The world is full of paper. Write to me.
~Agha Shahid Ali, “Stationery”
Many writers have a complicated relationship with the postcard. At some point you encounter a writing fellowship or contest that requires you to include a self-addressed stamped postcard (the dreaded SASP) to notify you that your application has been received or if it has been rejected. There is a certain kind of poetic cruelty in receiving a rejection addressed to you in your own handwriting. The postcard is the perfect vehicle for said rejection–tiny, sharp and decisive. If only all break-ups could be so clean! Still, I have a huge affection for this category of stationery.
Postcards were the very first pieces of art I could buy for myself. I started with postcards of cute kittens, cartoons with witty sayings and then reproductions of paintings by Picasso, Bearden and O’Keefe. The postcard was the only piece of art in the price range for a dreamy kid. I brought home postcards from class trips and family vacations as souvenirs. When I returned home I would tack the postcards to a corkboard or tape a card to my notebook to travel beyond my Memphis neighborhood. I started to collect picture postcards of people I admired. I still have a copy of Black Writers: A Book of Postcards by Jill Krementz. I bought that book in the 90s when I was just beginning to try to imagine myself as a writer. I only tore a few cards from the book. Toni Morrison at her desk with her arms thrown up to the sky made it to my own writing desk. I sent James Baldwin off with a present to a lover. I still flip through that book of postcards several times a year, my fingertips grazing the torn perforations of the missing cards. The book is long out of print. I should have bought a spare.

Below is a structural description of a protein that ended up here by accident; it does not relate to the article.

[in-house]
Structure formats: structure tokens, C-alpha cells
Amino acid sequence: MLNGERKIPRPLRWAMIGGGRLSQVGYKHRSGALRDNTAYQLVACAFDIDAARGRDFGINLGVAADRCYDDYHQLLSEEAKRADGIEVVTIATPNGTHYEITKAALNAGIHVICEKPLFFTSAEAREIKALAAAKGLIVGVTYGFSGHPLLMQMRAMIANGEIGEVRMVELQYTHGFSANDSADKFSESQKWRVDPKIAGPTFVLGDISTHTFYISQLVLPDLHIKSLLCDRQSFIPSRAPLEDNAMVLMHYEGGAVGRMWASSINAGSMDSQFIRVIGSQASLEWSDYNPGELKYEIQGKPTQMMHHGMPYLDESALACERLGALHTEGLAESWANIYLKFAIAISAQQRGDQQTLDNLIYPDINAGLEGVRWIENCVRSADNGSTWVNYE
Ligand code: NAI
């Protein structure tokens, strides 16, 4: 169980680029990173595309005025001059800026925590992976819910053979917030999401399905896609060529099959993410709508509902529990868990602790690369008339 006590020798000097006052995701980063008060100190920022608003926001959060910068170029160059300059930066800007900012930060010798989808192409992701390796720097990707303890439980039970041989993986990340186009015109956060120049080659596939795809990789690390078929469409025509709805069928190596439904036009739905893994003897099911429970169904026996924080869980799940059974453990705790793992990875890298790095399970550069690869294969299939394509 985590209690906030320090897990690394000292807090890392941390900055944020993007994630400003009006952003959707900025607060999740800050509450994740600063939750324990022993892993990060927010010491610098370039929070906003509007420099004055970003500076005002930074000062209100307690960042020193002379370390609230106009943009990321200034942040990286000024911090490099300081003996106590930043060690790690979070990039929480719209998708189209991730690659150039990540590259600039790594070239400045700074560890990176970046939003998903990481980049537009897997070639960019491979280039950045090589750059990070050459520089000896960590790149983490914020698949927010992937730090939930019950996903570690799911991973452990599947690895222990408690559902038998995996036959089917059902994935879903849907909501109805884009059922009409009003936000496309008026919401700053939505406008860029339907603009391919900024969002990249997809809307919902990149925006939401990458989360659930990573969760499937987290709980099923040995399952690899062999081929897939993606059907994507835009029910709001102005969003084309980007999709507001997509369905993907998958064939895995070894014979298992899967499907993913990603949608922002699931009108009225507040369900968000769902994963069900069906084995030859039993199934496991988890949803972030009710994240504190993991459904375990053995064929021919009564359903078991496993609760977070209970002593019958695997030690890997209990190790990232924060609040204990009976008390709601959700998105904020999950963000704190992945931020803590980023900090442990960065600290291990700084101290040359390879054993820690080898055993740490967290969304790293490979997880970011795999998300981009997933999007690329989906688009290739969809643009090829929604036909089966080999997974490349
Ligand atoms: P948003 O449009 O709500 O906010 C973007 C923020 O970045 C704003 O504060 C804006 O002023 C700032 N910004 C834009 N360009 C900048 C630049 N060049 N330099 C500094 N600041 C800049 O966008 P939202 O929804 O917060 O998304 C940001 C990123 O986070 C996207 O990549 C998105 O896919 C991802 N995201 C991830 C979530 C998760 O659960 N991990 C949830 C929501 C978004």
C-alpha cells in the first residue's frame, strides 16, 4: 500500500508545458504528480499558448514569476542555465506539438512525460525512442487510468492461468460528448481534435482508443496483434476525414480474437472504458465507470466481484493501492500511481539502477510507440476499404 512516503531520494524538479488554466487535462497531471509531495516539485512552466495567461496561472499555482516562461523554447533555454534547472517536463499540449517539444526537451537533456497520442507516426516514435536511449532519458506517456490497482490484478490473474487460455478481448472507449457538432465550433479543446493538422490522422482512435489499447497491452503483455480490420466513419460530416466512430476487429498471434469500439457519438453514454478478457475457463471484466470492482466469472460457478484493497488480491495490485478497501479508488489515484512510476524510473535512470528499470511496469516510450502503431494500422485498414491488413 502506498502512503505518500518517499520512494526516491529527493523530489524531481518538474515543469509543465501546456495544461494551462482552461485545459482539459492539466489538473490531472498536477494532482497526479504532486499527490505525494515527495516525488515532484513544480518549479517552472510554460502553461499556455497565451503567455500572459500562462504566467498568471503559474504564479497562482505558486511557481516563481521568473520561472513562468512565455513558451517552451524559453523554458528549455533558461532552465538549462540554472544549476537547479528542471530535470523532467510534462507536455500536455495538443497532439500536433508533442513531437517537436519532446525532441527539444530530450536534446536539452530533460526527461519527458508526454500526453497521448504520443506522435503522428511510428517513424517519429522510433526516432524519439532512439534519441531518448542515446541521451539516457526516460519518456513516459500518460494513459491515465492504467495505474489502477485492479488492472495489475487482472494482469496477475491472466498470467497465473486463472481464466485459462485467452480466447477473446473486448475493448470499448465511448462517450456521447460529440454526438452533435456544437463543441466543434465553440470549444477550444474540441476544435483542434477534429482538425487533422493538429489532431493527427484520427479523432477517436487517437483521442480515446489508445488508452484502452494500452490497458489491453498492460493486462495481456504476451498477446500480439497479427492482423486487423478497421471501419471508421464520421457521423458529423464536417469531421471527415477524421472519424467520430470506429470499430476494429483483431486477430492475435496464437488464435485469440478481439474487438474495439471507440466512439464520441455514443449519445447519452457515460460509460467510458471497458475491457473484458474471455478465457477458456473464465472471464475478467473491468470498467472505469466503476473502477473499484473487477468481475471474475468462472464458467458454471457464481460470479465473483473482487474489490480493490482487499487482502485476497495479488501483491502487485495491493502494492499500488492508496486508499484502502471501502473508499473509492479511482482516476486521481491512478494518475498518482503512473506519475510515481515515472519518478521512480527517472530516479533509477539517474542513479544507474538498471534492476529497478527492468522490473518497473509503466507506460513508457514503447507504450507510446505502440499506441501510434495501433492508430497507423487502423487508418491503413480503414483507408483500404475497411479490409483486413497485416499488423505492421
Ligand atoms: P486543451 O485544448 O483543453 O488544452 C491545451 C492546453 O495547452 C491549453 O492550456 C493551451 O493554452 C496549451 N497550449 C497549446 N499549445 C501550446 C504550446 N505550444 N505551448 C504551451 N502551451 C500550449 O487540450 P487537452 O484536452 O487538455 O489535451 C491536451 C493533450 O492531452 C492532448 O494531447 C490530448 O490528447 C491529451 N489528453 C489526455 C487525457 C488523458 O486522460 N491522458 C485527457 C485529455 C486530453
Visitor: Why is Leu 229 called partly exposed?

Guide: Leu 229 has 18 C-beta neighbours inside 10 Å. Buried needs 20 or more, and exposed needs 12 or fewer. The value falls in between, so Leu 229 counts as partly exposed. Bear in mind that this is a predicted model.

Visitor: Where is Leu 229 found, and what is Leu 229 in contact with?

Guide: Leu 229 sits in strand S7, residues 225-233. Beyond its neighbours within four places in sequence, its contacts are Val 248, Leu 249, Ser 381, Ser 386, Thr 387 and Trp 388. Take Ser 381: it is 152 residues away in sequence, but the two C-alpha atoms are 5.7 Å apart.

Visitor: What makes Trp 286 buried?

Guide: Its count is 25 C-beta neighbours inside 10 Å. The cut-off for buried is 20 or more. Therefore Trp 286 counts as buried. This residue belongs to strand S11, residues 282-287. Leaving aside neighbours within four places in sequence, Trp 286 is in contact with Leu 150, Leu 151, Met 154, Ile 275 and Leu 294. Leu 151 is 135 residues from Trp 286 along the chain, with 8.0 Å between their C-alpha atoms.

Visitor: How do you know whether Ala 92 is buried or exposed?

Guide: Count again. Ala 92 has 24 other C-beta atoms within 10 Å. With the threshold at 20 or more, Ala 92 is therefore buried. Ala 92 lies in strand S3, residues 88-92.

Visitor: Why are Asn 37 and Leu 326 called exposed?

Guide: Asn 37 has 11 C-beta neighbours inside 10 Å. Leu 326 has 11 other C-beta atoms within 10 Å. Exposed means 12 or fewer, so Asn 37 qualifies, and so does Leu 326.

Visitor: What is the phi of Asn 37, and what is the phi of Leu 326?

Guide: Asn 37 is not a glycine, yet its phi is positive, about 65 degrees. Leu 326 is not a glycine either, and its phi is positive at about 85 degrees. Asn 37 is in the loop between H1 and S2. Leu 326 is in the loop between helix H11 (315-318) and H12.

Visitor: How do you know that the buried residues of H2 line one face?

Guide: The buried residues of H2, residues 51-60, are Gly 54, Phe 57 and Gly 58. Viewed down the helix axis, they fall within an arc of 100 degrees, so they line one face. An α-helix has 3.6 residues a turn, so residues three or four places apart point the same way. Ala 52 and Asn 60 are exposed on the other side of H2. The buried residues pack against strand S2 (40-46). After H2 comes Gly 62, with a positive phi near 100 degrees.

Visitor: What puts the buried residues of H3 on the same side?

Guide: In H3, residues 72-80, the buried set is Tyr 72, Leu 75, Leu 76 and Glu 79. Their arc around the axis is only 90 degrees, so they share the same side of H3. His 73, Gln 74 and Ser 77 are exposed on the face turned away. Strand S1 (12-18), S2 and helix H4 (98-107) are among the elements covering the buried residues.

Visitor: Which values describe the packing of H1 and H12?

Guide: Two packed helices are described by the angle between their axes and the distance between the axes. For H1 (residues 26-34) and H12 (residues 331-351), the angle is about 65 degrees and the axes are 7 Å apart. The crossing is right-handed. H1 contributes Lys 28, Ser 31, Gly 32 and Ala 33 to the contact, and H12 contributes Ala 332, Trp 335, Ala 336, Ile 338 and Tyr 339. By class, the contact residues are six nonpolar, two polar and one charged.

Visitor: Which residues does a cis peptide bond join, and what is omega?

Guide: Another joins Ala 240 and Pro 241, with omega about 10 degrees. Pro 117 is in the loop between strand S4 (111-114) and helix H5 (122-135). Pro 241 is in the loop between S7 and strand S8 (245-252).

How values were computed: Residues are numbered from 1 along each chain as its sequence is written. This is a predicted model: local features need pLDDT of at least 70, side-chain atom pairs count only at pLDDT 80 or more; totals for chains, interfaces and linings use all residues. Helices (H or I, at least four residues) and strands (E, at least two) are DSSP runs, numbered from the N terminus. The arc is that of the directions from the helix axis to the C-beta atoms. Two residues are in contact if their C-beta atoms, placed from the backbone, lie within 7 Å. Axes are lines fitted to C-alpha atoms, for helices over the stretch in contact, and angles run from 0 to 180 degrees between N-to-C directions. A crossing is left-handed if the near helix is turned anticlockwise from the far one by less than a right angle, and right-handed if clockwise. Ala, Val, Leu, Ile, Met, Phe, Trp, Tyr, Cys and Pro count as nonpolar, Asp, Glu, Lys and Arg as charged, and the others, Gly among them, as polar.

My friend F. pointed out that I am always building altars. I had never thought of these groupings as such, but postcards are almost always a part of my ad hoc sacred spaces. Postcards are everywhere in my home: on my bookshelf, on the entry table tucked behind the incense holder, tucked among my jewelry. Right now there are postcards of musicians, artists and political figures affixed to my refrigerator with magnets. I do send an occasional picture postcard through the mail, but they mostly provide a portal to my dreams.
I’m not really an impulse shopper, but last year I was beset by a kind of fever during one of those flash sales where the clock ticks down to zero. The object of my obsession was a set of Crane’s correspondence cards in a cool celadon. The lot of 100 cards felt like an investment, a commitment to becoming the kind of elegant person who dashes off a postcard instead of sending a text message. I imagined my cool green cards appearing in the mailboxes of my friends and becoming a kind of signature. Whereas my old picture postcards were about the ephemeral land of dreams and potential, these new postcards were about the vulnerable space of now.
I once wrote to my friend S. that a letter provides a certain kind of safety that isn’t available any other place. What I wanted when I clicked the “buy now” button for those celadon cards is the opposite of that privacy, that safety. For me, the small, comely postcard is the very symbol of vulnerability. With postcards, the sender is exposed. The sentiment expressed is on display for each person it encounters on the way to its final destination. The postcard journeys without the protection of an envelope at the mercy of the weather, overstuffed mailbags and manipulation by hands and machines. How easy it is to forget that the postcard is just paper, after all. What a wonder that something so small, so fragile, could travel so far and endure.
I can only hope to journey so bravely, so well.
*This piece is partly a response to this article “The Postcard vs. the Future” that heralded
the demise of the postcard.